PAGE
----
6/06/2005 09:44:00 AM  
Anonymous Susan M said...

I haven't read the article or seen the pictures. But when has that stopped me from commenting on anything?

I mentioned over at T&S that my husband makes a better mom than I do, and it's true. I'm horrible at providing any kind of structure to my day on my own. He's a better housekeeper than I am. And while I can cook, I hate to.

Most of my childhood memories aren't of my parents or even my siblings. They're of my friends I used to play with. Most of the childhood memories I have of my mom are her doing household chores--laundry, vacuuming, cooking. And her not being happy. Maybe because she hated housework, but I'm guessing it was more because her oldest kids were marrying drug addicts and ex-convicts and selling drugs and going crazy and getting girls pregnant and going to jail, etc. Oh, did I say ex-convicts? I meant escaped convicts.

I had a stressful childhood.

I don't put any guilt trips on myself about my mothering. I figure if I'm doing better than what I had growing up, then I'm doing good. But I know where and what my shortcomings are. I think it's important as a parent to know where you fall short. Somehow my kids are turning out amazing. Of course, they're just now entering their teen years...I keep waiting for them to realize what lame parents we are, but it hasn't happened yet.

6/06/2005 10:24:00 AM  
Anonymous Erin said...

I haven't read the article yet (and I haven't been at T&S), but I was delighted when I saw the subject on the cover. I did laugh at the front and back cover pictures, wondering what was so great about sewing on a button, though. And did you notice that the girl on the back cover is wearing the shirt that the mom is wearing on the front cover?

Who is ever prepared for motherhood? It's like, who is ever prepared to go on a mission? I don't think anyone is because until you get into it, you don't quite know what you've gotten into.

I do think that the more you know about REAL mother stuff, the better off you'll be. When I say REAL mother stuff, I mean that you'll be so exhausted sometimes that you won't be able to function normally. And your emotions may be out of control, such that you feel like clobbering your child. BUT, there will be sweet moments that feel like falling in love, only better because you don't have to wonder if he loves you back.

Is there a big difference in a teen preparing to be a parent and preparing to be an adult? Everyone needs to know how to sew on a button, cook, manage finances, take care of a car, etc. What do you all think?

Now I'm going to find that magazine and read the article!

6/06/2005 05:35:00 PM  
Blogger Heather O. said...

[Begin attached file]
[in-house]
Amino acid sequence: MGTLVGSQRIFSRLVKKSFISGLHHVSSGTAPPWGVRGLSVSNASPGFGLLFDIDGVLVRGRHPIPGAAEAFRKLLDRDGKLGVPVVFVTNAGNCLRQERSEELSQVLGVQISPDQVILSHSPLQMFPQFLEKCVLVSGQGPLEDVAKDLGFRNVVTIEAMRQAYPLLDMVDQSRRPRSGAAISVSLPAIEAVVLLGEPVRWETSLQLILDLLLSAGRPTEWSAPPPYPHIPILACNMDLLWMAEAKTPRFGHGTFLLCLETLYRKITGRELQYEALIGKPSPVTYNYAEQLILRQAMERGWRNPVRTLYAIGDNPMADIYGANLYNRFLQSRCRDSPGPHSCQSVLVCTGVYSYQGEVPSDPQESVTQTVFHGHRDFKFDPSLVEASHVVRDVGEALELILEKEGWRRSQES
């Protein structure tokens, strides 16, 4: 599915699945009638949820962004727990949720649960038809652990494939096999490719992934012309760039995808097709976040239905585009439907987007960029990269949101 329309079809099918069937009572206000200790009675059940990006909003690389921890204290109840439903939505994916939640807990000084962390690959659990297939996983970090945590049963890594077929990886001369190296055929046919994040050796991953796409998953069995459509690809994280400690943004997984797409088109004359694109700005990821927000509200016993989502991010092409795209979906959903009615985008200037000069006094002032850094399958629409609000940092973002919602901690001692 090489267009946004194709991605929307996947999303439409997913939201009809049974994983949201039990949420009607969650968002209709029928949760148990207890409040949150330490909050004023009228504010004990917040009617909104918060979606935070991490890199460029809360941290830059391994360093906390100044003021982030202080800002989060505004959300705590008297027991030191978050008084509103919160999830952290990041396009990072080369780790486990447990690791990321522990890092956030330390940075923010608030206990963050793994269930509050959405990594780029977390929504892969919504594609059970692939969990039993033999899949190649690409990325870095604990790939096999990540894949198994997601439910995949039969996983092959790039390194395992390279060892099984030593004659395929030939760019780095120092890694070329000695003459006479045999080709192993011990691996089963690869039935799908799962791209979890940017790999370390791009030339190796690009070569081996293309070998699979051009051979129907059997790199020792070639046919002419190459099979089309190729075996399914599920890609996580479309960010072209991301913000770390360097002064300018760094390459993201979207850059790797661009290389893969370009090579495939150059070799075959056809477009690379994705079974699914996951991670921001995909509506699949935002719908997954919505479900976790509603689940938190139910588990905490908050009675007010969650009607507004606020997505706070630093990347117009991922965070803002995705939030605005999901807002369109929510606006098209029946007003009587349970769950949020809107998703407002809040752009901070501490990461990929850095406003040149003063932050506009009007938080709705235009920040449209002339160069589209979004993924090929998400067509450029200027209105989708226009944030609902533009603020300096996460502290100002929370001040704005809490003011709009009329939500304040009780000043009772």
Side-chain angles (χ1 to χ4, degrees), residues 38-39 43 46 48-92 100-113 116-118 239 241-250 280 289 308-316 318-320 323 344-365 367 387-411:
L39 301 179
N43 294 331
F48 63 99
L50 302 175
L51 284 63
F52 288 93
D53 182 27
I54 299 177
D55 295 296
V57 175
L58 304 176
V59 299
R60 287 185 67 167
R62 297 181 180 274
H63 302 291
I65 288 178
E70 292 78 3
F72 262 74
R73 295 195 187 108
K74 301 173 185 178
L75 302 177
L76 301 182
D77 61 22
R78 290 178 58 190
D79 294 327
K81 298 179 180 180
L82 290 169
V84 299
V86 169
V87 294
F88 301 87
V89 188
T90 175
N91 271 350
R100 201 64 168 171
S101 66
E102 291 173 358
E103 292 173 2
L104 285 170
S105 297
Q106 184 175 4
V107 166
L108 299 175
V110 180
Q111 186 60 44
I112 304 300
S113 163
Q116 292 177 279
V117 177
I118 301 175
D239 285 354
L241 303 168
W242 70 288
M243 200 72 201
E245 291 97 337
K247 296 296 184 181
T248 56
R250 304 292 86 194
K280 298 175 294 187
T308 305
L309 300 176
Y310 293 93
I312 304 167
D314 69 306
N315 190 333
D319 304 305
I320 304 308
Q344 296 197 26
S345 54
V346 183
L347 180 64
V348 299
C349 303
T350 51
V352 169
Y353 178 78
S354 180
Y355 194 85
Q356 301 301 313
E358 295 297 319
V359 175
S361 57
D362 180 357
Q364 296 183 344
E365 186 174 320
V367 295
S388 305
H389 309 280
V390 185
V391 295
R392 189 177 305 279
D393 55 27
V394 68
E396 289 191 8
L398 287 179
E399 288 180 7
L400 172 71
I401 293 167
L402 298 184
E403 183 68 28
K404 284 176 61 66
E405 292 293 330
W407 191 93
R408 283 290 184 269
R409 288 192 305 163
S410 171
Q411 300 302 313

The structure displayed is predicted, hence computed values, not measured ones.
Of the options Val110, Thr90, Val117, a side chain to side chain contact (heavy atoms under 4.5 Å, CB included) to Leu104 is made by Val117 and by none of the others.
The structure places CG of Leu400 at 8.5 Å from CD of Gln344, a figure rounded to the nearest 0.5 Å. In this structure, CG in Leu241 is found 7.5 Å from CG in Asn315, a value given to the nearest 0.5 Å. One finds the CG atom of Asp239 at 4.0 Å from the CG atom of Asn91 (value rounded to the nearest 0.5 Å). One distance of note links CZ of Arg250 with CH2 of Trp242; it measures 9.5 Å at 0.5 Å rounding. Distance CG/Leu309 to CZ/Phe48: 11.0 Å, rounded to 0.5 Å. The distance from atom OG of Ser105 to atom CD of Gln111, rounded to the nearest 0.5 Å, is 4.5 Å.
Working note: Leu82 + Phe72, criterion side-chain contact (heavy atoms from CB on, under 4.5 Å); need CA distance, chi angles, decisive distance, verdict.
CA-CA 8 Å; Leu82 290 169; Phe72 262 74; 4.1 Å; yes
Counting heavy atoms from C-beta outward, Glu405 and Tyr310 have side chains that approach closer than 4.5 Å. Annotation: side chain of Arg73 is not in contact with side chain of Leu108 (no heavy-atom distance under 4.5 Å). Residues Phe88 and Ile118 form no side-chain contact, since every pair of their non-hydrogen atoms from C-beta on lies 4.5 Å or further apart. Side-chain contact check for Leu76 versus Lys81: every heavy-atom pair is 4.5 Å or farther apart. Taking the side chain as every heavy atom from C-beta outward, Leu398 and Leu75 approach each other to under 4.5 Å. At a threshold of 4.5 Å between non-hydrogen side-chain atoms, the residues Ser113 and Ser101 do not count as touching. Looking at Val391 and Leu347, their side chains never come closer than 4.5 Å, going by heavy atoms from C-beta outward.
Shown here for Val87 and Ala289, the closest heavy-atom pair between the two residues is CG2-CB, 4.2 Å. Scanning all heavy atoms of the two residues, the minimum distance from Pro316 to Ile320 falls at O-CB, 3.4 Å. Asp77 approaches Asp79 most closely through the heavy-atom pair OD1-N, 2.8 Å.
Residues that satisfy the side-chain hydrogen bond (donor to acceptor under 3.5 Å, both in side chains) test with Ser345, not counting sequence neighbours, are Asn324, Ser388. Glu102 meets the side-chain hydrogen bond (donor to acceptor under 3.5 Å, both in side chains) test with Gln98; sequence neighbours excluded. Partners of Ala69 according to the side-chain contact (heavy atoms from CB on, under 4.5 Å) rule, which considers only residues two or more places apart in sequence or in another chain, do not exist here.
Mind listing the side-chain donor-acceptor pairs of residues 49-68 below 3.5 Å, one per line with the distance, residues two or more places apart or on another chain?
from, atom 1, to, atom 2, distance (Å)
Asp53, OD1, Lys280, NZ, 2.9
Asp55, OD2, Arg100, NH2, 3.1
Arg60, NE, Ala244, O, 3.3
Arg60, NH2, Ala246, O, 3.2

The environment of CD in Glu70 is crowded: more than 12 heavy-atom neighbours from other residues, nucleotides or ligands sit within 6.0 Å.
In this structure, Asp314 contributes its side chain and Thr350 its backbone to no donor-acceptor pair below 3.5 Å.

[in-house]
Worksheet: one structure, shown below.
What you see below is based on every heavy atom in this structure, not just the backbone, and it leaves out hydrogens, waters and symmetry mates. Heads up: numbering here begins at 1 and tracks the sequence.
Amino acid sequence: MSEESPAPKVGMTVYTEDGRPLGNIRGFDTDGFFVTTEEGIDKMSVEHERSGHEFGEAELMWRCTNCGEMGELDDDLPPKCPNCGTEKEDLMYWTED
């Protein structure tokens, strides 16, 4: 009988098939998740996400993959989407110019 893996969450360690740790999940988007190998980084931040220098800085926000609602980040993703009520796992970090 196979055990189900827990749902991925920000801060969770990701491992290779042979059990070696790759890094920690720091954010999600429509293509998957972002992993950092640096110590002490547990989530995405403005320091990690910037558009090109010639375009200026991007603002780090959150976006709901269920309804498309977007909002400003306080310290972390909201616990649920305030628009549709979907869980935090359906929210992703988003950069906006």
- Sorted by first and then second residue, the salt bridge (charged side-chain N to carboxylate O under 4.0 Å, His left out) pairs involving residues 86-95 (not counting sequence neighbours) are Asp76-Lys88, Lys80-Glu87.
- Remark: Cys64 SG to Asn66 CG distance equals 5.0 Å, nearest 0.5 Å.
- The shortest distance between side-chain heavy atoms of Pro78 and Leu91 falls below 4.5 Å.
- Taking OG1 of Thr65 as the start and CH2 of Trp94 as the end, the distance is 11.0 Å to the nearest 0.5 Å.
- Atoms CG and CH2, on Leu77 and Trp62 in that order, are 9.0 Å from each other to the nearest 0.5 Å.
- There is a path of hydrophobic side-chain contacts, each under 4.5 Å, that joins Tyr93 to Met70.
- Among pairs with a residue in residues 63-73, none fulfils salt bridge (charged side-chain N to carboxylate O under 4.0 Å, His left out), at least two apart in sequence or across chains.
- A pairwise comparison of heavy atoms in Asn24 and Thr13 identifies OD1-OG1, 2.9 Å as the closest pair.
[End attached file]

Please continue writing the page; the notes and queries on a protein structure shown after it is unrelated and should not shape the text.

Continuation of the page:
You make an interesting point. Rarely have I seen something that says that being a good member of the church and striving to be Christ-like gives you the qualities necessary to be a good mother, or at least gets you on the right track. You are right--there seems to be a message that there are character traits that go beyond just being a faithful member of the church that are needed to be a good mother.

And I have never seen an article about preparing fathers-just preparing for the priesthood and a mission. And although I personally do think that being a good priesthood holder and a good missionary are good things, I think the implied message is that good men do these things, and being a good man is enough to be a good father. Interesting that there isn't such an implied statement about mothering.


Sounds indeed like a stressful childhood! I'm impressed that you've come through it and seem to be a better mother for it. Undoubtedly you have a perspective that not everybody has. Thanks for sharing it with us here.

6/06/2005 05:40:00 PM  
Blogger Heather O. said...


You make a good point, too. Why is preparing for a mother so different than preparing to be an adult? I would have to do lots of things I do, even if I didn't have a child. We lost lots of buttons even before we had a child who could yank them off!

6/06/2005 05:43:00 PM  
Blogger Allison said...

"I do think that the more you know about REAL mother stuff, the better off you'll be. When I say REAL mother stuff, I mean that you'll be so exhausted sometimes that you won't be able to function normally. And your emotions may be out of control, such that you feel like clobbering your child. BUT, there will be sweet moments that feel like falling in love, only better because you don't have to wonder if he loves you back."